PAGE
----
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Managing withdrawal symptoms after quitting smoking
Nicotine withdrawal is common during the first two weeks of being smoke-free. Here's what to expect and what you can do about it.
How your body heals
List your reasons
Know your triggers
Set a quit date
Tips for quit day
Watch your weight
Deal with stress
Withdrawal symptoms and tips on how to manage them
Having strong cravings
Cravings last only about 3 to 5 minutes, so find ways to distract yourself until it passes. Go for a walk, drink some water or contact a friend for support. Use an NRT like the gum or patches to reduce the frequency and intensity.
Feeling anxious or on edge
This is a common symptom that usually passes within the first two weeks of your quit as your body adjusts to life without nicotine. Try deep breathing, relaxation exercises, going for a walk and reducing caffeine consumption.
Feeling irritable or grumpy
This is normal during the first few weeks of your quit. Be patient with yourself and warn your friends and family. Try doing activities you enjoy to lift your spirits.
Having fatigue and trouble sleeping
Withdrawal from nicotine can interfere with sleep. It can take 2-4 weeks for your energy levels to go back to normal as your body adjusts, so try to rest more and do exercise to raise your energy level.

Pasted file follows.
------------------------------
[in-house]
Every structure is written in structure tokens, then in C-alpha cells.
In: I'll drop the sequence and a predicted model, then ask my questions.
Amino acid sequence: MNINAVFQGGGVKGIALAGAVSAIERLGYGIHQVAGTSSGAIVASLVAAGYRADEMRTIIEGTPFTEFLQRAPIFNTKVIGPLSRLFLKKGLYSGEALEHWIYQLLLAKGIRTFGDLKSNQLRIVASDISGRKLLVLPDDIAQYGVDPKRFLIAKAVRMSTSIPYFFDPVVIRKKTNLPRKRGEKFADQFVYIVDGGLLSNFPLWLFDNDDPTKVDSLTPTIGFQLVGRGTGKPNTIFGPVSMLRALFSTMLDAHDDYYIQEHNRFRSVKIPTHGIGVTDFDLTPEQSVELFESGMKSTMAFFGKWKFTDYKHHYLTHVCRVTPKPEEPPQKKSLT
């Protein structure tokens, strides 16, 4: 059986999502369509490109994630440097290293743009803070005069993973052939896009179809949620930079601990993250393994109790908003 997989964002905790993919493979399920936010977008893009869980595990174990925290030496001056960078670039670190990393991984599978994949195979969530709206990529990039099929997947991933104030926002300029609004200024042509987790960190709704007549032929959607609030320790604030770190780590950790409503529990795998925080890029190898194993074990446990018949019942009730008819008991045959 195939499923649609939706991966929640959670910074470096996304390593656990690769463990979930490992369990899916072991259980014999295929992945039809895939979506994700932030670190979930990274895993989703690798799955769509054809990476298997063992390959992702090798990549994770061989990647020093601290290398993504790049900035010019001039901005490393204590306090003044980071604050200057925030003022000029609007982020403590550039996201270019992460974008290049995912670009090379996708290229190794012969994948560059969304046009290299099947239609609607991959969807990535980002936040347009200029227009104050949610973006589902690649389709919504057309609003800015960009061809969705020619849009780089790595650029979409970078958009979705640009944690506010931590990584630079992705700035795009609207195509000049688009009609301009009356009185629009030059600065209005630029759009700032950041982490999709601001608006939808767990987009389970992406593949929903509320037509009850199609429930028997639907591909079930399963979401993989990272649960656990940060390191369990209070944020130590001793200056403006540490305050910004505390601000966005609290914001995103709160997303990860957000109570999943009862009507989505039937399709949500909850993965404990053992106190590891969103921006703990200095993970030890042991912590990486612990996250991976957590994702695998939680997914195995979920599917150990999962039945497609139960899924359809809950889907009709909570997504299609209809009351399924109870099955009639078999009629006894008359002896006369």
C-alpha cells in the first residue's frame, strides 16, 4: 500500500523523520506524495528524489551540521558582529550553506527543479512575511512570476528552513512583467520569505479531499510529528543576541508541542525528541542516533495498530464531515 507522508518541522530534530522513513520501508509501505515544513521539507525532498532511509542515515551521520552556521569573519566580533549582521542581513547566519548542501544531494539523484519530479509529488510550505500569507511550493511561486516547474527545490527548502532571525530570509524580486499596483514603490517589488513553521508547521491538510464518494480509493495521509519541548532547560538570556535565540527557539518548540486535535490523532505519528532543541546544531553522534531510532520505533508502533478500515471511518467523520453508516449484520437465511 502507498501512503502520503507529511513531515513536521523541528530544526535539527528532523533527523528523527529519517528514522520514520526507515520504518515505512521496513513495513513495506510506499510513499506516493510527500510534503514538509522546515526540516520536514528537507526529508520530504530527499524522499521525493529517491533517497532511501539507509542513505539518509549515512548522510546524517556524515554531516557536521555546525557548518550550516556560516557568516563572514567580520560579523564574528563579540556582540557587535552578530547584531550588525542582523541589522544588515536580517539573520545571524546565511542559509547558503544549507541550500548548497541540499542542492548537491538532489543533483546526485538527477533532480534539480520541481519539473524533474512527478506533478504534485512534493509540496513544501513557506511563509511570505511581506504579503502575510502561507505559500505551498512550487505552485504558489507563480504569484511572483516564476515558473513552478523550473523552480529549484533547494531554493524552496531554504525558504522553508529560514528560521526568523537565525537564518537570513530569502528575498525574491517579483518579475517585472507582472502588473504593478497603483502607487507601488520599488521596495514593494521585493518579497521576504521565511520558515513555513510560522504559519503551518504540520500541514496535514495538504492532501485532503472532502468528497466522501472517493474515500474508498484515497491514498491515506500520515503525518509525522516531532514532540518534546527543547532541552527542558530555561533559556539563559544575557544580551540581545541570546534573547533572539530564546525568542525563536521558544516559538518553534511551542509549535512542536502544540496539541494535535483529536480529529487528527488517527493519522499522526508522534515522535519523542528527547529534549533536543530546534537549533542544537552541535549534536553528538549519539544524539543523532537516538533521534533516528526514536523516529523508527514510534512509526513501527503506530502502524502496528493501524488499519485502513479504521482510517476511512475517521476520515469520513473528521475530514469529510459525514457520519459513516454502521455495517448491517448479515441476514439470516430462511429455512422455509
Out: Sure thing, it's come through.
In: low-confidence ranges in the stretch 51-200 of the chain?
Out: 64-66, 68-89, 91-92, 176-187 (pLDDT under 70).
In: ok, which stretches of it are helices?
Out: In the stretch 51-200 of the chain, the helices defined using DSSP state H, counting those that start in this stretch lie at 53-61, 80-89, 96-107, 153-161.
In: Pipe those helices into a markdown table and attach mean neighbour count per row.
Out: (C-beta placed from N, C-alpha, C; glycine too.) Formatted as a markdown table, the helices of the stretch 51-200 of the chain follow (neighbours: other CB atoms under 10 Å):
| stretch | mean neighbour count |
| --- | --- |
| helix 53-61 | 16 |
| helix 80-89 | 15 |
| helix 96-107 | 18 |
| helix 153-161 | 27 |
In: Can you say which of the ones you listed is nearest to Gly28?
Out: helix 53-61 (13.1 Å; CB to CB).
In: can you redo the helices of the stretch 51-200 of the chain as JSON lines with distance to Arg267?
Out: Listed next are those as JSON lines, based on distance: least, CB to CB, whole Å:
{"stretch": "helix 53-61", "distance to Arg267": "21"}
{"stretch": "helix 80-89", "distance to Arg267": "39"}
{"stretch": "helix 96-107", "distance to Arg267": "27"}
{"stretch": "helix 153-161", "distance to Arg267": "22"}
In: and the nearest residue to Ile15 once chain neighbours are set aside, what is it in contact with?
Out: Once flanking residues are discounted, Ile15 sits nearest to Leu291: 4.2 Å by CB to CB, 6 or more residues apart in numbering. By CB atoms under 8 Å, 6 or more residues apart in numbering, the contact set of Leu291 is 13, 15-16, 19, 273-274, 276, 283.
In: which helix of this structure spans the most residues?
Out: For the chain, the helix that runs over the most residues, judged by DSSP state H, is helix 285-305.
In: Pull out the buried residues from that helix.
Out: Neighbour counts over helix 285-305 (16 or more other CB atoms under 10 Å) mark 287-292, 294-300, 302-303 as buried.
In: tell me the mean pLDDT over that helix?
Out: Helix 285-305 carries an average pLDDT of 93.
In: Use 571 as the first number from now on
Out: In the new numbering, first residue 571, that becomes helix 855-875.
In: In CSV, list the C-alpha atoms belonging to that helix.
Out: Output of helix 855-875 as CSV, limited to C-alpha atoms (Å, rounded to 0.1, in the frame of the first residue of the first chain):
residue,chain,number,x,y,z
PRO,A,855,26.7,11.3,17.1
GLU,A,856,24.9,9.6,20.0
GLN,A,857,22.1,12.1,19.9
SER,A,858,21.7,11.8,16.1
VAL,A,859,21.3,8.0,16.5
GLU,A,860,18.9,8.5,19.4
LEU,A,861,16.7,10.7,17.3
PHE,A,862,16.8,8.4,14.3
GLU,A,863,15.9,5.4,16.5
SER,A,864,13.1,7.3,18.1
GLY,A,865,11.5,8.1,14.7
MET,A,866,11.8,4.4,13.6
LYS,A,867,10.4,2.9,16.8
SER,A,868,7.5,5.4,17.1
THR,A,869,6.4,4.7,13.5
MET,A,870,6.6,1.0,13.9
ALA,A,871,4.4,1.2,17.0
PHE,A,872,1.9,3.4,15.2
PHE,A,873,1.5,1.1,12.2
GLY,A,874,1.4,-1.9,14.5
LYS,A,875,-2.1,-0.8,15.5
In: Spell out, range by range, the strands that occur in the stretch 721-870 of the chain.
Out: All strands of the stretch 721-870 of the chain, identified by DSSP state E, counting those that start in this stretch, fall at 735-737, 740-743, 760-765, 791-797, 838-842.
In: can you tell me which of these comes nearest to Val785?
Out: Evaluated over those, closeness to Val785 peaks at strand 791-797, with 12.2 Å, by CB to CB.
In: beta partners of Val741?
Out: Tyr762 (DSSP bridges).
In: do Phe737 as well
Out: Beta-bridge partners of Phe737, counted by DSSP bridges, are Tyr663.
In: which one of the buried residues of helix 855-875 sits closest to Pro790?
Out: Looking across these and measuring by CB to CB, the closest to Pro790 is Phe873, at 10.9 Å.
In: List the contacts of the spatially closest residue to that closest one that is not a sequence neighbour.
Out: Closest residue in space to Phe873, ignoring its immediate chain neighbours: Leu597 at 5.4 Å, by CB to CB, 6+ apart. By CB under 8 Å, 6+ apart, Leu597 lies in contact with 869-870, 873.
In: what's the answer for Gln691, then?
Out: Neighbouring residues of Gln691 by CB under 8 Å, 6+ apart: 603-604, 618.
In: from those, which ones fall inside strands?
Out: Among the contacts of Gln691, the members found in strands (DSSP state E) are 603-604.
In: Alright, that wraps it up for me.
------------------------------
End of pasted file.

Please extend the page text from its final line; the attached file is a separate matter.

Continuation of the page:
Having difficulty concentrating
You may feel foggy or have difficulty focusing for the first few weeks of your quit. Eat small amounts of food every few hours to maintain your blood sugar levels and try some yoga to increase oxygen to the brain.
Feeling depressed or sad
Feelings of sadness or depression is normal after quitting. Talking to a friend, family member or seeking support from our community can help. Exercise is also beneficial. If depression lasts for more than a month, consult your doctor.
Feeling hungry or gaining weight
Increased appetite is common after your quit. Instead of eating more, eat smaller amounts more often. Choose healthy snacks such as vegetable sticks, go for more walks, and drink more water.
Constipation and digestive issues are common early in your quit. Increasing fiber in your diet, drinking more water, reducing your caffeine intake and doing moderate exercise will help.